Fitch Ratings last week downgraded the town of Port Huron in eastern Michigan to A-plus from AA-minus, affecting $24 million of general obligation bonds.

The downgrade comes amid the city’s weak economy, chronically high unemployment rate and above-average debt load, analysts said. “Substantial borrowing for combined sewer overflows has driven debt to well above average levels,” Fitch analyst Arlene Bohner wrote in a release on the downgrade.

Port Huron, located along the Canadian border, benefits from a strong international trade industry as a major commercial port of entry into the U.S.

Its coffers are also boosted by a local income tax; the city is one of only 22 in Michigan that levies one.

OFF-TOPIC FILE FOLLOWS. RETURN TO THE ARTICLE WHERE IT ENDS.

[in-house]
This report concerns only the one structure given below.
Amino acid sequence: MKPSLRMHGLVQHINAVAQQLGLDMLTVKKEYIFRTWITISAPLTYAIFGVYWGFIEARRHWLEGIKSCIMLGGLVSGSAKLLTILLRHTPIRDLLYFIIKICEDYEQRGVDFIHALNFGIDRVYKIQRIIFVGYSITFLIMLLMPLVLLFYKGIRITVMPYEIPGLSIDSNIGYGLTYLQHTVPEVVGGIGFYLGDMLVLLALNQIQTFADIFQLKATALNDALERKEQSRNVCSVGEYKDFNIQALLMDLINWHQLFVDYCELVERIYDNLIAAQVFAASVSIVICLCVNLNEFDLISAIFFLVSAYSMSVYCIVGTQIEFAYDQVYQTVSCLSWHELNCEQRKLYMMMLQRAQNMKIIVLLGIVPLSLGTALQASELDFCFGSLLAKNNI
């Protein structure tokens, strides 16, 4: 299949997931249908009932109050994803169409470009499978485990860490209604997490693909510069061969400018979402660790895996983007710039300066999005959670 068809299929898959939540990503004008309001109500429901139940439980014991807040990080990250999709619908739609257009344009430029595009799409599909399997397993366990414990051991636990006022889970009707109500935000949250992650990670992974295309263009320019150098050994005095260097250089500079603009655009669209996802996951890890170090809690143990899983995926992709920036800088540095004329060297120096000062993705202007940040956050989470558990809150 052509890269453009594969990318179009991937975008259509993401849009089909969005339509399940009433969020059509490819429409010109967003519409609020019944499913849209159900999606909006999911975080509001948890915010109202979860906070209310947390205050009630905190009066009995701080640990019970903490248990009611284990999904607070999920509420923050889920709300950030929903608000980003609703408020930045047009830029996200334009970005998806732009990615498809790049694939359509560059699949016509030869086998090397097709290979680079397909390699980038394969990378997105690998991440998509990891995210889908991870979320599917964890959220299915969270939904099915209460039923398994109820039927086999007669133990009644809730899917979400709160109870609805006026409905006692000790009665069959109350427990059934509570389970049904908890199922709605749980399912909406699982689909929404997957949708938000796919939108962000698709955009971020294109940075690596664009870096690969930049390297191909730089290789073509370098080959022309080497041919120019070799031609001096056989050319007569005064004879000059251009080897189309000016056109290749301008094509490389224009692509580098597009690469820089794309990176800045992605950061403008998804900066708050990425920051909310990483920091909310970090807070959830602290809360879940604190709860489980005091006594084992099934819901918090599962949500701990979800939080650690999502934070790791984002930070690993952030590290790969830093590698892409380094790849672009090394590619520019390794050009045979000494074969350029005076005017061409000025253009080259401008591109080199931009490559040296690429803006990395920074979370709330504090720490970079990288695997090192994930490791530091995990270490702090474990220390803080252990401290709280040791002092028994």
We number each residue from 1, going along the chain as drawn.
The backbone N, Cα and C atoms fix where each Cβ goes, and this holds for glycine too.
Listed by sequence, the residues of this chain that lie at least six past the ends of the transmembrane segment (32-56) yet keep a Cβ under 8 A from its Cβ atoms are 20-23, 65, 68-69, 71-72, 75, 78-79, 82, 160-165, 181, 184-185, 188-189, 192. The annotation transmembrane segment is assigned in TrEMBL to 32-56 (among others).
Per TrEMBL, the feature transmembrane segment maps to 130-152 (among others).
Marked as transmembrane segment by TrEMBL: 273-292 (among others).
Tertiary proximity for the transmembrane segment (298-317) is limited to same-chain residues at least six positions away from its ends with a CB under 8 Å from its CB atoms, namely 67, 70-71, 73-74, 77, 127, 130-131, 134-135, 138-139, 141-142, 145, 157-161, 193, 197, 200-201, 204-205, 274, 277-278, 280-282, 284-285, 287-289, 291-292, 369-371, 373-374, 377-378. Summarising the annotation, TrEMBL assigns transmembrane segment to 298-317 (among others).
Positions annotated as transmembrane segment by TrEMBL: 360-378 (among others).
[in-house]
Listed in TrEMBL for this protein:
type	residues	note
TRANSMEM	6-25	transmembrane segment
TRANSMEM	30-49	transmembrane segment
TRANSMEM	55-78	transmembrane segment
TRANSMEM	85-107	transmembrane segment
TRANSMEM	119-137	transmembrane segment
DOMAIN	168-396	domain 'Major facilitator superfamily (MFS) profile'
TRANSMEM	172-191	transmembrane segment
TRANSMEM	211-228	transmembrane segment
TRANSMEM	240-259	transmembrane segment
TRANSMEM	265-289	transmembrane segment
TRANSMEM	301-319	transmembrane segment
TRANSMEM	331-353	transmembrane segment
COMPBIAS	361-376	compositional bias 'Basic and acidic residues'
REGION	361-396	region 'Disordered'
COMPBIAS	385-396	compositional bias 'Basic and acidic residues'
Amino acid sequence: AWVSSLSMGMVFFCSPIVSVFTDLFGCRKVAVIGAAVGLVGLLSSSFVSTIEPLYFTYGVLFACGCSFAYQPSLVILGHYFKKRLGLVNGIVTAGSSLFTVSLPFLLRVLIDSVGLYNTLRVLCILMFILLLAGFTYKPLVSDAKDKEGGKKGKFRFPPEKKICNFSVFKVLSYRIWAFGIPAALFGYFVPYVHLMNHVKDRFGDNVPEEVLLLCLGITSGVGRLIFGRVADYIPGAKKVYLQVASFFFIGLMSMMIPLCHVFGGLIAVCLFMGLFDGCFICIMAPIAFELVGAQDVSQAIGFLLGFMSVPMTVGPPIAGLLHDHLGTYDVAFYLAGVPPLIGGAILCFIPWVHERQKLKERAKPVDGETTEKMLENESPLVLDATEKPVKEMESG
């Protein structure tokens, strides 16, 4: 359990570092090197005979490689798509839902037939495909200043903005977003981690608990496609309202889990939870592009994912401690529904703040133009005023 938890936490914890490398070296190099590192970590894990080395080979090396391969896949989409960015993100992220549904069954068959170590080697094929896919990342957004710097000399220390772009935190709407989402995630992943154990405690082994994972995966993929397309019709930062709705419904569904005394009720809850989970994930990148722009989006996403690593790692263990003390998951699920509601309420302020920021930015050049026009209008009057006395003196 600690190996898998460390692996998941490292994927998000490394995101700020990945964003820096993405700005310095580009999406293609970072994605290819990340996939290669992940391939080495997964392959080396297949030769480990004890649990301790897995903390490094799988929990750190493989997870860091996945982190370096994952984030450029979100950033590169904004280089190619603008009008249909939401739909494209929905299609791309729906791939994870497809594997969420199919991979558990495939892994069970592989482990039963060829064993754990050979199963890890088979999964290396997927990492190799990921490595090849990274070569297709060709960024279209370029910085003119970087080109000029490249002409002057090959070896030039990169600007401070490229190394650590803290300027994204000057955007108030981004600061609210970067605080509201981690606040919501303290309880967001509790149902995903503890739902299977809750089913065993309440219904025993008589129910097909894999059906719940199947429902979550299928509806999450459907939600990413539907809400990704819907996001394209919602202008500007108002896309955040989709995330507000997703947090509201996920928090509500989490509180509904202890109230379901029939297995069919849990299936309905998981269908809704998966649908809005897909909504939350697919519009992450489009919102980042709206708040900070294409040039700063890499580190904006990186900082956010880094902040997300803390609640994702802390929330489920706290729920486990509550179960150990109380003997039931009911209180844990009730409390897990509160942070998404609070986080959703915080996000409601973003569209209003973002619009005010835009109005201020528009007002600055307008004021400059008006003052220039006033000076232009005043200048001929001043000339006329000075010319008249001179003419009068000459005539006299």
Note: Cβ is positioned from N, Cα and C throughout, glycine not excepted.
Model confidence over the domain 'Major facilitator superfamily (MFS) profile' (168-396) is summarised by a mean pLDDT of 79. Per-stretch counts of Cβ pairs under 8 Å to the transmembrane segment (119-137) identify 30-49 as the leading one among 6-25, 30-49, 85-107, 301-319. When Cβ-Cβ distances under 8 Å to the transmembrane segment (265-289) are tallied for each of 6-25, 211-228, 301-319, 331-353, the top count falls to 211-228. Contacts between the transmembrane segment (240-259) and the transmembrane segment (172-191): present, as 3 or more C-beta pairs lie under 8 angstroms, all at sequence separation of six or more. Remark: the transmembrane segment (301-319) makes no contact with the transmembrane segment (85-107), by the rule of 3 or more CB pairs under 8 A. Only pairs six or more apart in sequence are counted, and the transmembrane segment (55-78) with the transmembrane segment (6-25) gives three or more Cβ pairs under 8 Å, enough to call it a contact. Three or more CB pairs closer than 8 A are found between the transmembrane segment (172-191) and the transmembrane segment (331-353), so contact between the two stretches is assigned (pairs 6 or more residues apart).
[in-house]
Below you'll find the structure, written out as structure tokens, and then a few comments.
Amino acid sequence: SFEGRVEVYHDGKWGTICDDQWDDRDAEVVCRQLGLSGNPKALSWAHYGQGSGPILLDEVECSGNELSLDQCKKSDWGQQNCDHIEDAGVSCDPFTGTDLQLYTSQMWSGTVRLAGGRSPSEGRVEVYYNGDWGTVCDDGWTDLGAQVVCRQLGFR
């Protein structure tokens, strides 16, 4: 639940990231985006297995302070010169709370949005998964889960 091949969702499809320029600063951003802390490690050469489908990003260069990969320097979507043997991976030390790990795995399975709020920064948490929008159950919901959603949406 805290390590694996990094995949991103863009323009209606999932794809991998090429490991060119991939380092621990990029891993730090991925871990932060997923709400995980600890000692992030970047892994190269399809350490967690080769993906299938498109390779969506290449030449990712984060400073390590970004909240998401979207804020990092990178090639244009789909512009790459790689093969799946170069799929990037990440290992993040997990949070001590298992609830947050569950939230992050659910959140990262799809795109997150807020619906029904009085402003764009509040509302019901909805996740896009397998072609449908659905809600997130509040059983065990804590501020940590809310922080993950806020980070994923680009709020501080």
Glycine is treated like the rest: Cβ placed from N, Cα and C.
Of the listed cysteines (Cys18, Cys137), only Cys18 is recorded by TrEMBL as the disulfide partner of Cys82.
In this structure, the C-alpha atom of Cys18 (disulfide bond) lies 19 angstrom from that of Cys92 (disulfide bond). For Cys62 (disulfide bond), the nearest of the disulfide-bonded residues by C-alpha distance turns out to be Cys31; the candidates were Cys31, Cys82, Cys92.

Strong spending controls have led to annual operating surpluses and ample general fund reserves, Fitch said.

But more than 20% of the town’s residents are unemployed, and nearly a quarter are at or below the federal poverty rate. One of its biggest problems is its high debt load, Fitch said.

The town has borrowed to finance a large water and sewer infrastructure project, leading to a debt load of 10.3% on a per capita basis. The city expects to borrow another $9 million in 2013 for the project.

Most of the water and sewer bonds carry Port Huron’s general obligation pledge. The debt is not fully self-supported and the city for the last two years has had to shift money into the water and wastewater funds.

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